M.R.A.P. 10(b)(4) (emphasis added). Mr. Grice complied with the requirement of Rule 10(b)(4) by filing his application to trial court for order requiring appellee to pay expenses of additional designations. The chancery court entered its order requiring appellant to pay expense of appellee's amended designations, which also complied with the above quoted portion of Rule 10(b)(4). The order complied with Rule 10(b)(4) because it provides that “[t]he clerk and reporter shall prepare the additional parts at the expense of the appellant ․” M.R.A.P. 10(b)(4).
¶ 56. The short answer to Mr. Grice's argument on his fourth issue is that Rule 10(b)(4) required him to pay the extra $980 for the additional 490 pages of exhibits which Ms. Grice requested. A longer answer would be that the cumulative exhibit No. 1 of the income tax returns for the years 1992, 1993, and 1994, which Ms. Grice requested, were potentially relevant to Mr. Grice's first issue, which was that the chancellor erred by refusing to reduce his payment of alimony to his former wife. Two of the other exhibits, Dr. Ben Folk's medical records and the list of Ms. Grice's described medications, were relevant to the issue of Ms. Grice's health and disability. The fourth exhibit, an accumulation of Ms. Grice's bills, was relevant to Mr. Grice's second issue, which was that the chancellor erred in finding that Ms. Grice's monthly expenses were approximately $2,045 and the issue of her health and disability because some of the bills included in this exhibit were from physicians who had treated her. Regardless, this Court affirms the order requiring Mr. Grice to pay the expense of Ms. Grice's additional designations because it was consistent with Mississippi Rule of Appellate Procedure 10(b)(4).
¶ 57. As the chancellor noted in her bench ruling, “The legal standard in a case such as this is-is there a substantial change in circumstances?” The chancellor's extensive findings of fact which she made in her bench ruling and then incorporated into the order denying Mr. Grice's petition and first amended petition to reduce or terminate alimony payments establish that no substantial change in the circumstances of either Mr. Grice-for the worse-or Ms. Grice-for the better-had occurred. Whatever decrease in his income Mr. Grice may have demonstrated from the income tax returns for the years 1991 and 1995 resulted from the “pattern since the last hearing before this Court [in October, 1990] of Jimmy F. Grice's transferring assets in his business to the present Mrs. [Freida] Grice,” as the chancellor found based upon substantial evidence. There was also substantial evidence that Jimmy and Freida Grice “expensed” the purchase of three vehicles from the corporation which Freida Grice formed with the assets she purchased from her husband. The evidence was substantial to support the chancellor's finding “that Jimmy F. Grice and the present Mrs. Grice enjoy a very good standard of living.” Our standard of review requires that we affirm the chancellor's denial of Mr. Grice's petition and first amended petition to reduce or terminate alimony payments because her decision was supported by substantial evidence and was, therefore, not manifestly wrong.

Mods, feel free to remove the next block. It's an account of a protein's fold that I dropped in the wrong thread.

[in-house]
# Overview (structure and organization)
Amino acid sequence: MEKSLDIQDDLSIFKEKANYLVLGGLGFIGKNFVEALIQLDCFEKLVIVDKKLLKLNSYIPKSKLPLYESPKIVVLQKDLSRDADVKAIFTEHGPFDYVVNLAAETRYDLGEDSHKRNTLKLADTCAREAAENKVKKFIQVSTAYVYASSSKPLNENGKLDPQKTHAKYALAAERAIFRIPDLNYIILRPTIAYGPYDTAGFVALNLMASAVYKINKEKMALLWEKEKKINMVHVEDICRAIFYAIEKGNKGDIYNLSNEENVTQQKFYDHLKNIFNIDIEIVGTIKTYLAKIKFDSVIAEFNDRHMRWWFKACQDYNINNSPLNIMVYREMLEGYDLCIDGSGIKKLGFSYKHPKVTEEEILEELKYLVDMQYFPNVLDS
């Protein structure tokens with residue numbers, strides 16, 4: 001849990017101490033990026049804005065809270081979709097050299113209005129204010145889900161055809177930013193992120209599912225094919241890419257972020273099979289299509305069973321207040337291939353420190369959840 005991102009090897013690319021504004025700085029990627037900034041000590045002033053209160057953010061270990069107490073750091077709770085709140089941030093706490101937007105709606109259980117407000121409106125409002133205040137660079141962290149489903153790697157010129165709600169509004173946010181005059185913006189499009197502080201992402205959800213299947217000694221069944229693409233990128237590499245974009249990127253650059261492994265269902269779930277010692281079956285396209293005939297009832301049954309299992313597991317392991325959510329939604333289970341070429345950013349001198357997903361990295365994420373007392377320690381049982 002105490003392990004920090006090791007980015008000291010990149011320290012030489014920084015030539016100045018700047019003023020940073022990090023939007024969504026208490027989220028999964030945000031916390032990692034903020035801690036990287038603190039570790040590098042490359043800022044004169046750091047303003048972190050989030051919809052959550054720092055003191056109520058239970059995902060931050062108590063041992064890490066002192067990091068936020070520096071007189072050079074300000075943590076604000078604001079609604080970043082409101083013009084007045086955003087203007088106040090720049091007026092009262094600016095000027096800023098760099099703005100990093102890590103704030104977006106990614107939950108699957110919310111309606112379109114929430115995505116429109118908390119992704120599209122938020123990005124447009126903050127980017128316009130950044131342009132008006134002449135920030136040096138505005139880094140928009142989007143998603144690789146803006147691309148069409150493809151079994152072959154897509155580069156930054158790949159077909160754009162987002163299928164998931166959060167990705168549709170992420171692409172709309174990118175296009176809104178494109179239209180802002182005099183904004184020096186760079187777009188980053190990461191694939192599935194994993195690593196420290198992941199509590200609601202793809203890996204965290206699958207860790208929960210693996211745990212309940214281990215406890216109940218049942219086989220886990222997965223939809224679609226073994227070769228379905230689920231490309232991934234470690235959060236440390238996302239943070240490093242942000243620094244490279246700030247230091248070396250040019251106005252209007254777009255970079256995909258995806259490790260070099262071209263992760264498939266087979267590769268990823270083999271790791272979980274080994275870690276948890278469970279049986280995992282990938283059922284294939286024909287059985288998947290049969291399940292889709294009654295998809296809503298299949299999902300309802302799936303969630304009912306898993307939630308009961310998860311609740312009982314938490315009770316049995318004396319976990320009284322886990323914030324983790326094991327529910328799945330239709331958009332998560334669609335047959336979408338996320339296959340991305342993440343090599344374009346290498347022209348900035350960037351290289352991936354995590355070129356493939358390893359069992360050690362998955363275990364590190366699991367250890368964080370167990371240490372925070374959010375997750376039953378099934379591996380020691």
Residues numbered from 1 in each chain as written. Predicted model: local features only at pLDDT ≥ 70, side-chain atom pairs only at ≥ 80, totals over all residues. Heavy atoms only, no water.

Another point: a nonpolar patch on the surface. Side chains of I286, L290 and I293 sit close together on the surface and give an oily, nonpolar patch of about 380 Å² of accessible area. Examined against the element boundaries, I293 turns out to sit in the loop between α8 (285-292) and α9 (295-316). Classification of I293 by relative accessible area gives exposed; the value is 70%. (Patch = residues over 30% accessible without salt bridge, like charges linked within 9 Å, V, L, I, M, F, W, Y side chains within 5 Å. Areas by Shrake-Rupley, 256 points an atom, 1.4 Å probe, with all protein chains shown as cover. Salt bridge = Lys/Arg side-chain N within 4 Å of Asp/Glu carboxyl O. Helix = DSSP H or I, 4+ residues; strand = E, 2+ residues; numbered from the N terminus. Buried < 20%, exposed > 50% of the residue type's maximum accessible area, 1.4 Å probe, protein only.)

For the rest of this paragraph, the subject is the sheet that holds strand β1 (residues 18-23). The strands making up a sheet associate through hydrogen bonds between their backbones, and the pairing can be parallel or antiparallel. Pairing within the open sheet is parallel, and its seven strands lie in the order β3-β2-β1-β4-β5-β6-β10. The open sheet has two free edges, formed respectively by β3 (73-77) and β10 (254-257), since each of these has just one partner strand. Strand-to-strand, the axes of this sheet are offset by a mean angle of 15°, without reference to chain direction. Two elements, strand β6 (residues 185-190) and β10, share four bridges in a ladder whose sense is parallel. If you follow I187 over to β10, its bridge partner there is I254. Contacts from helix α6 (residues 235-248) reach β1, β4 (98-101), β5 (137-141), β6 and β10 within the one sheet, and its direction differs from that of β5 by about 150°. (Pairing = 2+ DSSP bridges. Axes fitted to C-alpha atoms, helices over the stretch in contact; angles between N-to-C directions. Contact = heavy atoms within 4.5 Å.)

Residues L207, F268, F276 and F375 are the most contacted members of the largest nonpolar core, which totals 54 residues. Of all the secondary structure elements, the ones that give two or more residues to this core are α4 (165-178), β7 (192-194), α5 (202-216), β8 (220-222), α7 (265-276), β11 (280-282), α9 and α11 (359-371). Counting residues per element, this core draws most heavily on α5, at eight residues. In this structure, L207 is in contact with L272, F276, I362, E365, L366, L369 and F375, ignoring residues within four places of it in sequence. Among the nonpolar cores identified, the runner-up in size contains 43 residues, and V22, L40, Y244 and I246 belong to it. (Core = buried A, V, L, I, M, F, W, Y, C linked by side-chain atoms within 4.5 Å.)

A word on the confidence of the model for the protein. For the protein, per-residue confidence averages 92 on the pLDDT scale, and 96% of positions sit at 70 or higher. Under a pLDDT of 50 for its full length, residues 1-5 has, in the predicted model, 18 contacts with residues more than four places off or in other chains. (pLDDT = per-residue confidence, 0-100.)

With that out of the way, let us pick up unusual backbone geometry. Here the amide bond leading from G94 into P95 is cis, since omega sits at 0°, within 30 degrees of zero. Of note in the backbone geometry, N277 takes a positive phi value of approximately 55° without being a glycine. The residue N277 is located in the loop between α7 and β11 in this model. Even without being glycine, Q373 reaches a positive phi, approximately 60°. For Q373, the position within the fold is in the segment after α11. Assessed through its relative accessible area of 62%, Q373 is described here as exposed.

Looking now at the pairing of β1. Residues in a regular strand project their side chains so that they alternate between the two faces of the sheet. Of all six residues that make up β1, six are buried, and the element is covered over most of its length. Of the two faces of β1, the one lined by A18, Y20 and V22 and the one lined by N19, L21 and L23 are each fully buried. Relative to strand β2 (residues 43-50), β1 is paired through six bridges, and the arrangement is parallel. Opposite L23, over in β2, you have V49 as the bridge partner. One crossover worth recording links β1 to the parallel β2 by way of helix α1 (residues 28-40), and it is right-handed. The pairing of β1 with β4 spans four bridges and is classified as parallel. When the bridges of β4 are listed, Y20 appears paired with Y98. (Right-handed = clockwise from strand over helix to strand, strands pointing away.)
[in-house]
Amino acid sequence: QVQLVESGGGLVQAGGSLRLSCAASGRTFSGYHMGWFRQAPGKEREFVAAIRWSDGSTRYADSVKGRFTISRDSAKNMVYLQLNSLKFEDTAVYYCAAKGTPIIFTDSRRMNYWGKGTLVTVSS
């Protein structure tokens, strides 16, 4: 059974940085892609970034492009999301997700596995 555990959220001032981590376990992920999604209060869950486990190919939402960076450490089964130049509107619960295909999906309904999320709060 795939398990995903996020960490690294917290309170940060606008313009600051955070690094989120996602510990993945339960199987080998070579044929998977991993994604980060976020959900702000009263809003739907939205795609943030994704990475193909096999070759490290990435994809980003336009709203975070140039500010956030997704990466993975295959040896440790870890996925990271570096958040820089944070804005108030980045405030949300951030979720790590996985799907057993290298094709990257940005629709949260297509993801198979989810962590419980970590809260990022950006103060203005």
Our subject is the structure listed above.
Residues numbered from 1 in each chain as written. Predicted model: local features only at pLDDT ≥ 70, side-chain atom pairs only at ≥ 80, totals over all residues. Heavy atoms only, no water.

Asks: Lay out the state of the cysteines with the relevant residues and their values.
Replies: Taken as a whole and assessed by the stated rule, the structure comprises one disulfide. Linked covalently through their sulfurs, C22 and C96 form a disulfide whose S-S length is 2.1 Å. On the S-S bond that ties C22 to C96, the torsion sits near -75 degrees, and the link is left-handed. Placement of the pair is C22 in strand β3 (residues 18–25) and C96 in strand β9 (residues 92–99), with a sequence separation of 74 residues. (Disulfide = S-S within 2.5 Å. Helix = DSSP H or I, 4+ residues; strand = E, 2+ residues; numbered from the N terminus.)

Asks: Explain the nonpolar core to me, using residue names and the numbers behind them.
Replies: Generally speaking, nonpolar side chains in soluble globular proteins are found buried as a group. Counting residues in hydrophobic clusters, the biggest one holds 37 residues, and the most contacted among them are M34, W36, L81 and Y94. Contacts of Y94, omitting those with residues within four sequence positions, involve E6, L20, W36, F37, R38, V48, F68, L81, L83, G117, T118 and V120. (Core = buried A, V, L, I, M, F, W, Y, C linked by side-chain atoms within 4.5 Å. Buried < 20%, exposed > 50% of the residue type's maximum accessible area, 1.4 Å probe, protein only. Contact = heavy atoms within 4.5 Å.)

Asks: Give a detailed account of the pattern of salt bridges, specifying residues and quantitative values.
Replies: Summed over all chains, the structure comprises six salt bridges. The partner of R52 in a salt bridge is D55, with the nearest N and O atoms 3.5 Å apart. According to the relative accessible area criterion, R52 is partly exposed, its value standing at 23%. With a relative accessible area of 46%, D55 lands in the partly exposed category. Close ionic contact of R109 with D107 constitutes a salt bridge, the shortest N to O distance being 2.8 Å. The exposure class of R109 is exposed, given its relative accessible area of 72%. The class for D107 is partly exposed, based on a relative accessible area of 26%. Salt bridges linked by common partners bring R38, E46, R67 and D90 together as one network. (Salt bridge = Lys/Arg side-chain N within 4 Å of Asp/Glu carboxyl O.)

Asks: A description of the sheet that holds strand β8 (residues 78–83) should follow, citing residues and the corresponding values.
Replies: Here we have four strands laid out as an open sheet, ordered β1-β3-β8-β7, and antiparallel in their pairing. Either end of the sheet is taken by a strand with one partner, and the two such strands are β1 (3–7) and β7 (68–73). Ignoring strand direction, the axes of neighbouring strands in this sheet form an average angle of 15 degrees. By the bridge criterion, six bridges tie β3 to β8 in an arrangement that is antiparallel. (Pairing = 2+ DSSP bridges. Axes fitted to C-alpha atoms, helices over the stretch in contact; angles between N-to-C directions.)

¶ 58. Neither did the chancellor err in awarding Ms. Grice a total amount of $8,057 in attorney's fees and expenses because her attorney's testimony sufficiently addressed the McKee factors, especially in the absence of affirmative evidence to the contrary, to support her award. The chancellor's refusal to require Ms. Grice to pay the expense of her additional designations of four exhibits, some cumulative, is consistent with Mississippi Rule of Appellate Procedure 10(b)(4). This Court affirms the order denying Mr. Grice's petition and first amended petition to reduce or terminate alimony payments rendered April 2, 1996, and the subsequent order requiring appellant to pay expense of appellee's amended designations rendered on November 7, 1996.
¶ 59. THE ORDERS OF THE WASHINGTON COUNTY CHANCERY COURT ARE AFFIRMED. COSTS OF THIS APPEAL ARE ASSESSED TO THE APPELLANT.
1. The portions of Rule 10(b) which are determinative of Mr. Grice's fourth issue read as follows:(b) Determining the Content of the Record.(1) Designation of Record. Within seven (7) days after filing the notice of appeal, the appellant shall file with the clerk of the trial court and serve both on the court reporter or reporters and on the appellee a written designation describing those parts of the record necessary for the appeal.․(4) Statement of Issues. Unless the entire record, except for those matters identified in (b)(3) of this Rule, is to be included, the appellant shall, within the seven (7) days time provided in (b)(1) of this Rule, file a statement of the issues the appellant intends to present on the appeal and shall serve on the appellee a copy of the designation and of the statement․ If the appellee deems inclusion of other parts of the proceedings to be necessary, the appellee shall, within 14 days after the service of the designation and the statement of the appellant, file with the clerk and serve on the appellant and the court reporter a designation of additional parts to be included. The clerk and reporter shall prepare the additional parts at the expense of the appellant unless the appellant obtains from the trial court an order requiring the appellee to pay the expense.M.R.A.P. 10(b)(1) and (4) (emphasis added).
2. Rule 10(b)(1) provides:Within seven (7) days after filing the notice of appeal, the appellant shall file with the clerk of the trial court ․ a written designation describing those parts of the record necessary for the appeal.M.R.A.P. 10(b)(1).
COLEMAN, J., for the Court:
BRIDGES, C.J., McMILLIN and THOMAS, P.JJ., and DIAZ, HERRING, HINKEBEIN, KING, PAYNE, and SOUTHWICK, JJ., concur.
Response sent, thank you
Docket No: No. 96-CA-00496 COA
Decided: December 30, 1998
Court: Court of Appeals of Mississippi.